Nowadays, since females only breed about every 9 years, Minyak has been cuddling with Rosie, Kalim's half-sister. (Kalim is Berani's mother). And, when they're not cuddling, he is usually keeping himself where he can see Rosie and pine over her.

Below are some of my pics of Minyak:

Minyak watches me:
Minyak Watches

Minyak watches his gal Rosie:
Minyak Watching Rosie

Minyak poses for a picture:
Minyak Poses for a Picture

Minyak's contentment is evident as he peers at me through the netting:
Minyak Peering at Me Thru the Netting

Unable to see his girlfriend, Minyak climbs higher:
The Need to Go Higher

The lovebirds - Minyak and Rosie:
Lovebirds

A happy Minyak:
A Happy Minyak

ARTICLES & MISC I FOUND ABOUT MINYAK ON THE WEB:

IQAir Article on Minyak:
www.iqair.com/aboutus/specialprojects/minyak/

LA Zoo Conservation Article About Minyak:
www.lazoo.org/conservation/orangutan102306.html

A Timeline on Minyak Before and After Surgery:
www.lpag.org/home/minyak.html

A Zooscape Article on Minyak
www.multiscope.com/hotspot/iqair_zoo.htm

Minyak's Story:
www.czs.org/uploads/CZS/OrangutanConf/Wednesday/Minyaks-S...

Minyak, a Rare Primate, Embraces Fatherhood:
www.breathingbetterlivingwell.com/community/index.php?sho...

Seattle Times Article on Minyak, Kalim, & Berani:
seattletimes.nwsource.com/html/nationworld/2002226894_ora...

Life and Times Article on Minyak, Kalim, and Berani:
www.kcet.org/lifeandtimes/archives/200505/20050509.php

The LA Zoo's Orangutans:
www.lazoo.org/animals/mammals/borneanorangutan/

Thursday, April 2, 2009

Berani: The Little One

Little Miss Acrobat

As with all my blogging, please note that what I have written below comes from my observations and public articles I've read or viewed, and not from the LA Zoo itself. My blogs are not affiliated with the Los Angeles Zoo. I am not an expert, only a quiet observer, and reader on great apes. LA Zoo is near my residence and has been a convenient and wonderful place for me to observe these wonderful creatures. I began observing them when I started walking at the LA Zoo for my health. (The zoo's beauty and life kept me motivated to keep walking.) The great apes grabbed my attention, and so I began researching outside articles and videos as I continued to observe these incredible animals. Thus, my blogs.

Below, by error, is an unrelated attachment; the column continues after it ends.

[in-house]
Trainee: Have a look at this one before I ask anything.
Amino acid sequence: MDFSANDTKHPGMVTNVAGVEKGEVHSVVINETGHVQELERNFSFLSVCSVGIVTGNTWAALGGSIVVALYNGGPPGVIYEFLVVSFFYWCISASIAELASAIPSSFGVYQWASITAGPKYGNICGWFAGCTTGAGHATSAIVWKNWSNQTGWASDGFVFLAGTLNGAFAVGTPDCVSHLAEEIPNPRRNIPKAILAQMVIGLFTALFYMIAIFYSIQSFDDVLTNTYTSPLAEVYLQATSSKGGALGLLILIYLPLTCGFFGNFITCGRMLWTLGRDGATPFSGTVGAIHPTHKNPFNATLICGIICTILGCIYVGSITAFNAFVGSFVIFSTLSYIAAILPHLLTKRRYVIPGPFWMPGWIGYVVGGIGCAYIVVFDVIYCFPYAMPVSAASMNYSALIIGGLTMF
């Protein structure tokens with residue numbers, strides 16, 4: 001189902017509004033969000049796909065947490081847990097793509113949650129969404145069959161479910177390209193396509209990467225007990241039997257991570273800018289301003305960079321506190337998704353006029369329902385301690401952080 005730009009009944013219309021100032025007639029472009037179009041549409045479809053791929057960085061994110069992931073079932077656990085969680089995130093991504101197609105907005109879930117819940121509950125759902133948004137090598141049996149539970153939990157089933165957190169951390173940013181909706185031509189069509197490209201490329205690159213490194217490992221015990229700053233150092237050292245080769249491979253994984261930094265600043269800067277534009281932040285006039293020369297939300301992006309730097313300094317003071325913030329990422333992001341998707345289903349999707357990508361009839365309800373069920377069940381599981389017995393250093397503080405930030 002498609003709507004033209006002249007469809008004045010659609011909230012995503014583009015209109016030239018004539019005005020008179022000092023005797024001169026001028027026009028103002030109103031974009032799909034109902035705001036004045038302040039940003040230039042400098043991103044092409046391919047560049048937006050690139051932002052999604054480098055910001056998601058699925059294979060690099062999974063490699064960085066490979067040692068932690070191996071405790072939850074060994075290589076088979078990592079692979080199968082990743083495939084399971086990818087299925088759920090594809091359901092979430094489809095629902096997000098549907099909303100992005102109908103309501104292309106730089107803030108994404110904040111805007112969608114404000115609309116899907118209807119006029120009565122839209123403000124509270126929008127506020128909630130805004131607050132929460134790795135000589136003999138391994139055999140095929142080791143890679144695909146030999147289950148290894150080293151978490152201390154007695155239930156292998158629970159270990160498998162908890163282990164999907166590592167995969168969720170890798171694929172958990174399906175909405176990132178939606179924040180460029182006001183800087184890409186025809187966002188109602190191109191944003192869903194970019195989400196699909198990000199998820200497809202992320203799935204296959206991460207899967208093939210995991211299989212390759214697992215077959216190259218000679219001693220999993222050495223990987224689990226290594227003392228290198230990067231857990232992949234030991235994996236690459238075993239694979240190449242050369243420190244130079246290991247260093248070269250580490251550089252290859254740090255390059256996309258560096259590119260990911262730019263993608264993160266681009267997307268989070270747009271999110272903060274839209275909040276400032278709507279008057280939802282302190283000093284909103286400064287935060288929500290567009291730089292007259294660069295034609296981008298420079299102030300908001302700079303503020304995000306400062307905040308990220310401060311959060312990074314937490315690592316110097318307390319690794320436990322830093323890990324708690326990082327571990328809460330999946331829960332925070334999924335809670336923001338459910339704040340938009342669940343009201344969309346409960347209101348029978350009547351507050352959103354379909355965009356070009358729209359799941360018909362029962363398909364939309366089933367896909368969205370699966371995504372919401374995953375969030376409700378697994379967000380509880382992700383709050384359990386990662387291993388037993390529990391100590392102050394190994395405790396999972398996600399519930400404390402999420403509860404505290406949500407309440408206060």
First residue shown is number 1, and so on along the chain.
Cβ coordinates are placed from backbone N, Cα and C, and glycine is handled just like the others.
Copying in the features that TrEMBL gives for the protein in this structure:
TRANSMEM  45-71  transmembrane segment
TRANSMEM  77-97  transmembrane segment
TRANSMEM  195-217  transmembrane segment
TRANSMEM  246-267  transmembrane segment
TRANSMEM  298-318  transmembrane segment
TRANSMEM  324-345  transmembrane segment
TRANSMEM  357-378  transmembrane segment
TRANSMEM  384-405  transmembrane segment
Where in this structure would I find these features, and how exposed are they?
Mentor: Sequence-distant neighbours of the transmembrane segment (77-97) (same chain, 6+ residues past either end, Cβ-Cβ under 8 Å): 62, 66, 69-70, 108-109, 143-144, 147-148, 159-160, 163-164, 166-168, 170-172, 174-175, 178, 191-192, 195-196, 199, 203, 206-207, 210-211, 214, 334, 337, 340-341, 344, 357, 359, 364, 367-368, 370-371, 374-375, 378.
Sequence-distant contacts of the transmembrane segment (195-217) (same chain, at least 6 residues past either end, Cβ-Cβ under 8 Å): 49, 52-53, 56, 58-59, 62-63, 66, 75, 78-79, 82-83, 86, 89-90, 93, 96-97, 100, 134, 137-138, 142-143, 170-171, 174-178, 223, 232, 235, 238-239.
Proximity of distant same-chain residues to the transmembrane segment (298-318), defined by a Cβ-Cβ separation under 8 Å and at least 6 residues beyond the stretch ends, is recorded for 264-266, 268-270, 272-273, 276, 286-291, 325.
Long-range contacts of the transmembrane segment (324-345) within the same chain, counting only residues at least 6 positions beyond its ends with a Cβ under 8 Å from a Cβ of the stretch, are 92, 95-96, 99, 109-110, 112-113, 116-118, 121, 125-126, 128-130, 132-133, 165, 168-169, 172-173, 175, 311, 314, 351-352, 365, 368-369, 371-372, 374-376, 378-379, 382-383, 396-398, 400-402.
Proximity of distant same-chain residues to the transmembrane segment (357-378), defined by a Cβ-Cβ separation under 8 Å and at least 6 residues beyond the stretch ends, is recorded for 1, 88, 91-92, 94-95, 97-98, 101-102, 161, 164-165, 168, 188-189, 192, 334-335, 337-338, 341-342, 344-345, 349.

Bosco Orangina "Berani" is the youngest member of the Los Angeles Zoo's Orangutan family. She was born to Minyak and Kalim at the Los Angeles Zoo on February 22, 2005. She, according to the zoo's site, is one of the "most genetically valuable Bornean orangutan" infants in North America because her father Minyak, born from 2 wild Bornean orangutan's, is very valuable. She is so enjoyable to watch, as she is very intelligent and curious.

Since Berani is usually on the move - swinging, climbing, or playing with one of the other resident orangs, I've had a hard time getting many photos of her. But, she is quite adorable to watch. She, like her mom, is quite mischievous. But, her name, "Berani" means strength and courage and is due to her father's strength and courage through a difficult time of sickness.

Often, Berani will collect "contraband" (large branches, cell phones dropped by visitors, drain caps, etc). Her mother, Kalim, encourages this because Kalim knows that she can get it from her daughter and trade it for a treat.

At the window, Berani can be quite a show off for little visitors. She will play with them at the window, or will swing or even throw herself around to get a laugh.

Though orangutans are very solitary, except for the mothers and their children staying together for 7-8 years, Berani has managed to make friends with all of the other residents with whom she comes in contact. This doesn't include her father, Minyak, because in the wild the fathers have nothing to do with their offspring. She cuddles with or gets into trouble with her mother, and she plays with Aunt Rosie (her mother's half-sister, and daughter of Eloise), Eloise, and even Bruno. Sometimes Bruno will play peek-a-boo with Berani as he sits under a blanket. Eloise and Rosie will tumble with and poke at Berani who teases them.

Berani peering at her young guests at the window:
Berani Purses Her Lips

Berani chewing on her tater sack:
Berani and Her Tater Sack

Berani hanging out with mom, Kalim:
Berani Hangin' Out with Mom, Kalim

Berani giving her mom some loving:
Berani Brings Mama Kalim Some Love

Berani being silly:
Silly Berani

Berani looking at the visitors below:
Isn't She Lovely?